This year, he is scheduled to appear at the Fair Grounds with three different acts: in Anders Osborne's band, with the Radiators, and in a special Jazz Fest arrangement headed up by James Singleton. "I actually had to cut back," says Green who plays every night of the week in New Orleans when he's not touring with one of several bands. "It used to be non-stop craziness but this year I told myself to slow down a little."
Green is best known for passionate solos that seem to shape themselves around whatever musical style he is playing. Standing beside the likes of jazz heavyweights, rock 'n' roll party bands or even Indian sitar players, he dutifully fills in the standard melodies without frills as he waits patiently until it's time for the music to explode. Then when the musical space is his, he takes a half step forward to let his saxophone wail. Improvisation wrapped around superior craftsmanship bursts through and more often than not, it's usually the point at which the whole bands takes off.
He has been on the New Orleans music scene for nearly 30 years, with a long list of accolades that has made him one of the most sought after sax players around. The most puzzling part about him is that after all of his success, he has never embraced a desire to do his thing from the front and center part of the stage or the recording booth.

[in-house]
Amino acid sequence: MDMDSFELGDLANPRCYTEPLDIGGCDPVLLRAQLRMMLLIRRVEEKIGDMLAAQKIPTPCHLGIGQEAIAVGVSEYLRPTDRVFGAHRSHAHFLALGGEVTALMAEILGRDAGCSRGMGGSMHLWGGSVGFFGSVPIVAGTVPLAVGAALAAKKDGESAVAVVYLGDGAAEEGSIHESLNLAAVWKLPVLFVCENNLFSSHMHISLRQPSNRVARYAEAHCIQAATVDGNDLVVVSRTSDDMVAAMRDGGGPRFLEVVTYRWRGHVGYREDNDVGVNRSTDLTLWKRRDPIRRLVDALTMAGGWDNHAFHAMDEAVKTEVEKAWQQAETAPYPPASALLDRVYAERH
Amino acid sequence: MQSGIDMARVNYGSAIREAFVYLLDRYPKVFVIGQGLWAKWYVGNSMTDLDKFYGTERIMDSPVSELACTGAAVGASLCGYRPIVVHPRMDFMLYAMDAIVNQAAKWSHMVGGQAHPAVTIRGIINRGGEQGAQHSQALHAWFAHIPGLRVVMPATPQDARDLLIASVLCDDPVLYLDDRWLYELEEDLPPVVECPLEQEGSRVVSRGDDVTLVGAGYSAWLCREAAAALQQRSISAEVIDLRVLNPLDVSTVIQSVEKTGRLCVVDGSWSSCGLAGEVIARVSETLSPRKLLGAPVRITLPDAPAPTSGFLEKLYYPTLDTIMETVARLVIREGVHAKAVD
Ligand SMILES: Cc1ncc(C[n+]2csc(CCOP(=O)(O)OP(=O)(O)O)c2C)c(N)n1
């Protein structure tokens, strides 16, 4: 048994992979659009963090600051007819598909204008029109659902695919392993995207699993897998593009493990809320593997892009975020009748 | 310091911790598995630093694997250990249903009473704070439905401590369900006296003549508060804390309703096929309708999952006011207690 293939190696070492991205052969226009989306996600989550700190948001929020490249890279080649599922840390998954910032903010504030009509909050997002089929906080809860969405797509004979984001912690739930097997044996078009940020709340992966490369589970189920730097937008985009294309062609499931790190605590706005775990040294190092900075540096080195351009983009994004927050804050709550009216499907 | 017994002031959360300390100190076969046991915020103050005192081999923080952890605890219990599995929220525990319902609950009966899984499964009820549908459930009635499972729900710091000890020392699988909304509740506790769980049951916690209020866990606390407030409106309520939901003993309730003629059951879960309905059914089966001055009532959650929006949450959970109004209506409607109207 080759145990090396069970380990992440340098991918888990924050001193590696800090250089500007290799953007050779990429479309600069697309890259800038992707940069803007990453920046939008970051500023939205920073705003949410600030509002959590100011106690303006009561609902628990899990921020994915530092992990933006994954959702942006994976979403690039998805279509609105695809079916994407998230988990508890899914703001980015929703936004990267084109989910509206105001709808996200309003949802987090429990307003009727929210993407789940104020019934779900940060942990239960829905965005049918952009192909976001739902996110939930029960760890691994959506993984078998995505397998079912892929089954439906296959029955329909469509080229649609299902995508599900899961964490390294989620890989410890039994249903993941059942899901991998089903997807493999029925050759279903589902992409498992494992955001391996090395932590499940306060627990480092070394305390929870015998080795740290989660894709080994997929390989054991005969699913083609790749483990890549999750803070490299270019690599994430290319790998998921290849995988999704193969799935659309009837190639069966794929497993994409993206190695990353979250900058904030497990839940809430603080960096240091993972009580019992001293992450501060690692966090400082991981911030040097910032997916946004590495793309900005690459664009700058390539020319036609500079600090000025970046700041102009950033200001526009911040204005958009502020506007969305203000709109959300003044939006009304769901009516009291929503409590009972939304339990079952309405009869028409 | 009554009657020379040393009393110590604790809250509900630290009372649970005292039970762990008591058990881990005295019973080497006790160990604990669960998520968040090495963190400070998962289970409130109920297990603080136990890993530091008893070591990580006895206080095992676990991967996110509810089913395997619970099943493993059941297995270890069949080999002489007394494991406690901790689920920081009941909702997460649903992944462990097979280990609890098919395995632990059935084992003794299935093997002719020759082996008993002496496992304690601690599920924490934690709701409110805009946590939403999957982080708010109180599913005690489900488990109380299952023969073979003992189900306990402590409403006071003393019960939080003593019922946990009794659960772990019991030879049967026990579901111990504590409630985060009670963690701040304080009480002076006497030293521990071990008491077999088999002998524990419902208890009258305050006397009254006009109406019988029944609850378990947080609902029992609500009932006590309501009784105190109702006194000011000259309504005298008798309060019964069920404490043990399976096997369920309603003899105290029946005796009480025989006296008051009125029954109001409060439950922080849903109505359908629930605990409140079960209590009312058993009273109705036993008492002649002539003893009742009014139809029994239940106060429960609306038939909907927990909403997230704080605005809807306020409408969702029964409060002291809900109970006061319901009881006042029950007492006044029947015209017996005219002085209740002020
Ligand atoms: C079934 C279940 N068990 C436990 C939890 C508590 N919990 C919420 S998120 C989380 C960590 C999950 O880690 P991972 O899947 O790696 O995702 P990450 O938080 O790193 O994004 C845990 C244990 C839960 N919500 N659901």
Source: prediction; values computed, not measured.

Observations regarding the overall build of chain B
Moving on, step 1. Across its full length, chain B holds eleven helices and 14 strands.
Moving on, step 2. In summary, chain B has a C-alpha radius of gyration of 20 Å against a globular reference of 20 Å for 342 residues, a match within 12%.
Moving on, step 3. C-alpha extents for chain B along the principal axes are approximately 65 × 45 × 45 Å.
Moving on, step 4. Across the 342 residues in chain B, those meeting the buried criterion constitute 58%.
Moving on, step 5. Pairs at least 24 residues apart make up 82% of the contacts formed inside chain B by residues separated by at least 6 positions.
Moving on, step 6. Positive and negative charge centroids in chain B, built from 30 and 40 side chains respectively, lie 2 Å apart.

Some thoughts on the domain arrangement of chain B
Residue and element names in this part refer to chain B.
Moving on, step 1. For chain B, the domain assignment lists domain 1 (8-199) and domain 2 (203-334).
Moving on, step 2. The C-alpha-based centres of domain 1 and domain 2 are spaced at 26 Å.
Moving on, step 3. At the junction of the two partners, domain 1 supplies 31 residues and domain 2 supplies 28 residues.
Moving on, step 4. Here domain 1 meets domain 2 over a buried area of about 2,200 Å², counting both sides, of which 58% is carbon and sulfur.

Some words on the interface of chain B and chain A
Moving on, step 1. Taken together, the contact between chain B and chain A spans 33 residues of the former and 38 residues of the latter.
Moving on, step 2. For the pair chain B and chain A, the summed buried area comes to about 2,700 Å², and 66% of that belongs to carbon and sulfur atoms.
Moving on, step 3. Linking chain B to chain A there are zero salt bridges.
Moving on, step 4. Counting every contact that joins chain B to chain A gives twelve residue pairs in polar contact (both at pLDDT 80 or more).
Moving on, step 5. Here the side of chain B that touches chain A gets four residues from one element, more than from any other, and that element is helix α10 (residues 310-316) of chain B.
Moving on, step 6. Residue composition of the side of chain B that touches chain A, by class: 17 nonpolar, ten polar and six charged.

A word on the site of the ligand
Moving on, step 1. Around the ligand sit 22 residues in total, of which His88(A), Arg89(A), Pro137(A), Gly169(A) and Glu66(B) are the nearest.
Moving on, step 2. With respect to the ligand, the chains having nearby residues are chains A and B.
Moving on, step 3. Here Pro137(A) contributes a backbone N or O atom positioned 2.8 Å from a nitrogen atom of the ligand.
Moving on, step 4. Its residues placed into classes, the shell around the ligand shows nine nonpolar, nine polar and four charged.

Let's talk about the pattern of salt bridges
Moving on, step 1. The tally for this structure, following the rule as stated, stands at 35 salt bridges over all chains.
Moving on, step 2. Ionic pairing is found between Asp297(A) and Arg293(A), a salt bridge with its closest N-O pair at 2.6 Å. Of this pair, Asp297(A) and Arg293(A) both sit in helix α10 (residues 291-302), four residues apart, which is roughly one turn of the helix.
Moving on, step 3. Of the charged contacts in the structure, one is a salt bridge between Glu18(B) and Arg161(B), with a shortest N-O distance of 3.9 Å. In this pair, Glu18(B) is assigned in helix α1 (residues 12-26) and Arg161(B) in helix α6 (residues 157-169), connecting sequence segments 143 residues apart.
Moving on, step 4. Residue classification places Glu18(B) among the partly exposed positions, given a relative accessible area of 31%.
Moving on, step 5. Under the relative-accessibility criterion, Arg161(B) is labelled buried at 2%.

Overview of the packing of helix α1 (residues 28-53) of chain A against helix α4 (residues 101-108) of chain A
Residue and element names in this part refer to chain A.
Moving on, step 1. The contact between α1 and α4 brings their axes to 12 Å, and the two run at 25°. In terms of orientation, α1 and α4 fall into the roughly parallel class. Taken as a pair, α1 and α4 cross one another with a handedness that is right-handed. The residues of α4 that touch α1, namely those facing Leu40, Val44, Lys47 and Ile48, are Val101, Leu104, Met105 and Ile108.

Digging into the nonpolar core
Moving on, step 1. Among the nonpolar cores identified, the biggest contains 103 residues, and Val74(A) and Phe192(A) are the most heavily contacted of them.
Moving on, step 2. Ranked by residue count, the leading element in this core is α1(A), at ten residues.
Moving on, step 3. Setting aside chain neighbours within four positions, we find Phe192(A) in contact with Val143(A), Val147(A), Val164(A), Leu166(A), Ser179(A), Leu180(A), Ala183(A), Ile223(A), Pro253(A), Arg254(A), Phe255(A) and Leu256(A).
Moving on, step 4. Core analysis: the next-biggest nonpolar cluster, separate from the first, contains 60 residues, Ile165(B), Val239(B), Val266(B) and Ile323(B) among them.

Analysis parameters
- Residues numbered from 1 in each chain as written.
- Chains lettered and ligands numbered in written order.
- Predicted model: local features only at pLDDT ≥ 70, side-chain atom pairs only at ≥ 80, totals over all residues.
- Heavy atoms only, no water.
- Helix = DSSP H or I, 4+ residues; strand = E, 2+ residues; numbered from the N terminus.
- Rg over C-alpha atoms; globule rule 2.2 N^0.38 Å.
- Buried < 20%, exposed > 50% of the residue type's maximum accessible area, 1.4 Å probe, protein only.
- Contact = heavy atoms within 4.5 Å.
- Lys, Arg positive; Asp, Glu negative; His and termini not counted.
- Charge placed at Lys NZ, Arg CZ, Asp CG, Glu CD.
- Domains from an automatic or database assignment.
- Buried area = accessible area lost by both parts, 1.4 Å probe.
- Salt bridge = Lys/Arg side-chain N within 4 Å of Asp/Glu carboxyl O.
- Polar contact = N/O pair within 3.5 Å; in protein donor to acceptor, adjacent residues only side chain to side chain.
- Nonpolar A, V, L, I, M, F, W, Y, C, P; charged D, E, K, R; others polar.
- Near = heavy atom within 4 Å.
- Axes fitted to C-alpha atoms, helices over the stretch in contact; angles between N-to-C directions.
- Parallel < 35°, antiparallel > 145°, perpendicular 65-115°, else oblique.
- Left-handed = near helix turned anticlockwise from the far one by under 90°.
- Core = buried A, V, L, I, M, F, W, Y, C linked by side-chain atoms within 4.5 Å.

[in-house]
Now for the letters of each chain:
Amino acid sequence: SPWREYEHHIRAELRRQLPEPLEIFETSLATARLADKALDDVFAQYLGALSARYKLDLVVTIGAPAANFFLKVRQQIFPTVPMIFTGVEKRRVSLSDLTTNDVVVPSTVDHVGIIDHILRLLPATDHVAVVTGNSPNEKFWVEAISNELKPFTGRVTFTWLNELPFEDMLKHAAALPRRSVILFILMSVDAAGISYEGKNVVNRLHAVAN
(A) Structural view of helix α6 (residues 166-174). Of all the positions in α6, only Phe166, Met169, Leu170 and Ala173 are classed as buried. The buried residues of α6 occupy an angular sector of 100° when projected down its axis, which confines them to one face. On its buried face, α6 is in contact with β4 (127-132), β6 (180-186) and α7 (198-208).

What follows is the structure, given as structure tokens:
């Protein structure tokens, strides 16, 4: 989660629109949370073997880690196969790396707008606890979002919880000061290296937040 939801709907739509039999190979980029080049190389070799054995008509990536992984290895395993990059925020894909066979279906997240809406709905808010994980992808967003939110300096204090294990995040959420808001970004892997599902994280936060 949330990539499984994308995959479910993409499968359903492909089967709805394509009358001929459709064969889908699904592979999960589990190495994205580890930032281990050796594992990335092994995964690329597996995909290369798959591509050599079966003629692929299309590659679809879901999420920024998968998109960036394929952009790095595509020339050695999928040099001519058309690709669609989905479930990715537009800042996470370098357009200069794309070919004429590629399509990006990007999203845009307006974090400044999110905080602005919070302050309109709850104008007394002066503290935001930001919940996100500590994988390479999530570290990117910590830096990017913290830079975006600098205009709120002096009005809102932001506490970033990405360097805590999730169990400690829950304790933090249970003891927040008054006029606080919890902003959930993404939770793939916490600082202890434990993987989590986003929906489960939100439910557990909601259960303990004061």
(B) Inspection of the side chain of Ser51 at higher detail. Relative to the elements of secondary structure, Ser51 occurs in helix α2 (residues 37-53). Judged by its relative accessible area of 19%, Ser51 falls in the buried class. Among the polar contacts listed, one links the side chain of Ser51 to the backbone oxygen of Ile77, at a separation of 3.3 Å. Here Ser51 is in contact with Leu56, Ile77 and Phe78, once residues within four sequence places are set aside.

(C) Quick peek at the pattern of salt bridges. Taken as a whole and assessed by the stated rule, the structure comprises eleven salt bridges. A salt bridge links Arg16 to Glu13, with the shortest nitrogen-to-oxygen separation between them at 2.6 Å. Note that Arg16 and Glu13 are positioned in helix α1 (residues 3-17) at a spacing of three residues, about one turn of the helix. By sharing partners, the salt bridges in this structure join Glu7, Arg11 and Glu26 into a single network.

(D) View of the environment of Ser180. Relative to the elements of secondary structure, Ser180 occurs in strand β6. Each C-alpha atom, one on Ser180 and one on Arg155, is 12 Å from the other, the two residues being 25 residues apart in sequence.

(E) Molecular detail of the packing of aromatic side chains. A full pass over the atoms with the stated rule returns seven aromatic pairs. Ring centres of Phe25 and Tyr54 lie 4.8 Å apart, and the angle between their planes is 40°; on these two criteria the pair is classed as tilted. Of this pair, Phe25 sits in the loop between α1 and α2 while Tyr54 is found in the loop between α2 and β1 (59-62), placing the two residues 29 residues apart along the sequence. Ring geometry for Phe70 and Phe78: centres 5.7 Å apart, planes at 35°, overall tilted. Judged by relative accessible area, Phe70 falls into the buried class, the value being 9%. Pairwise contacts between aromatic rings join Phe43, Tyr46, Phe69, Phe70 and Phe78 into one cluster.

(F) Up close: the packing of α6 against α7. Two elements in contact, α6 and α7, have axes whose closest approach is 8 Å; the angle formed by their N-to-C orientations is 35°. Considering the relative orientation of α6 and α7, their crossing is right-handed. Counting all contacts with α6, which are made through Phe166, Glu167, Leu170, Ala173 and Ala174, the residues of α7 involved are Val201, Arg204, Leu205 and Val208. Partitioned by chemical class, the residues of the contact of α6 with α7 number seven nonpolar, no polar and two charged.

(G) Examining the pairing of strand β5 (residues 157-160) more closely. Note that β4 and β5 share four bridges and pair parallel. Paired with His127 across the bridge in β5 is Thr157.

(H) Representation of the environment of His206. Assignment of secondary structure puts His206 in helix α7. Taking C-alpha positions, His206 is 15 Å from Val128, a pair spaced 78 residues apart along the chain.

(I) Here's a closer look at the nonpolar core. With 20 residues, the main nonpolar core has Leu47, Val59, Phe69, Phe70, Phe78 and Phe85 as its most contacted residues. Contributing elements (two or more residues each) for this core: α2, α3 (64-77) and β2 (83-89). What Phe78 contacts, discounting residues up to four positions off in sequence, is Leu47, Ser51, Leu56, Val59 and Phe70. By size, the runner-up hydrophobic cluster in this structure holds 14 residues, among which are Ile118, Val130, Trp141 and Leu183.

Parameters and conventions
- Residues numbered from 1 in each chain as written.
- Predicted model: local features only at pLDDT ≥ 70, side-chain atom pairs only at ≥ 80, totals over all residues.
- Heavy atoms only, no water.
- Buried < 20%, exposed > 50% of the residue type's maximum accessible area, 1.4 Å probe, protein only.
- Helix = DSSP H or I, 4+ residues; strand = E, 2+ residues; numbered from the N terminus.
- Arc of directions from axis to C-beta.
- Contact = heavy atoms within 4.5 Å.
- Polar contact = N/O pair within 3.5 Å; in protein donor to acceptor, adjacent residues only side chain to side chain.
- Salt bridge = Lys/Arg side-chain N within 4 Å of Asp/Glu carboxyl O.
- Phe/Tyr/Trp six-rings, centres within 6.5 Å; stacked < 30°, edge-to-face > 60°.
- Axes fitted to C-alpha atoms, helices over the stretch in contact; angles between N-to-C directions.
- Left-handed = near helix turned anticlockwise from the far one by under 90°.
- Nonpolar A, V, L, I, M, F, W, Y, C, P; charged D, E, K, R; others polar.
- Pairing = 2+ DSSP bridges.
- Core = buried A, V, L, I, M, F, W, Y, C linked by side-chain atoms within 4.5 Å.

"I'm an improviser, not a composer," says Green. "I've never felt limited in my creativity from the side of the stage, and I'm still finding interesting things in the music every time I play." He adds, "It's never the same, even with the same songs." The only time Green has taken center stage is after promoters convinced him to do so, sometimes putting bands together for him and arguing him out of his suggestion that they just hire one of the bands he is part of if they want to hear him so badly.
Indeed, Green's humility is also evident to the musicians that he plays with. After each performance, Green sends them thank you cards. When asked about it, Green sheepishly replies, "How did you know about that?" Then he chuckles, a little embarrassed, "I just feel fortunate to play with them and to be allowed so much creativity." That could explain why Green still makes time to play a weekly gig in a dance funk band on Bourbon Street and a second-line band that parades through Harrah's with Monk Boudreaux.
In addition to his festival appearances with Osborne and Singleton, Green will also be a part of their after-hours shows including Osborne's show at Rock 'n' Bowl and Singleton's set at the Dragon's Den on May 4. Other places where you might hear Green are an experimental set with drummer Simon Lott also at the Dragon's Den and the underground favorite dubbed the "last show of Jazz Fest" that takes place late on the last Sunday night of the fest and is led by Meters' drummer Zigaboo, which will be held at a yet to be announced location.
- Tim Green has earned respect as one of New Orleans' top sidemen.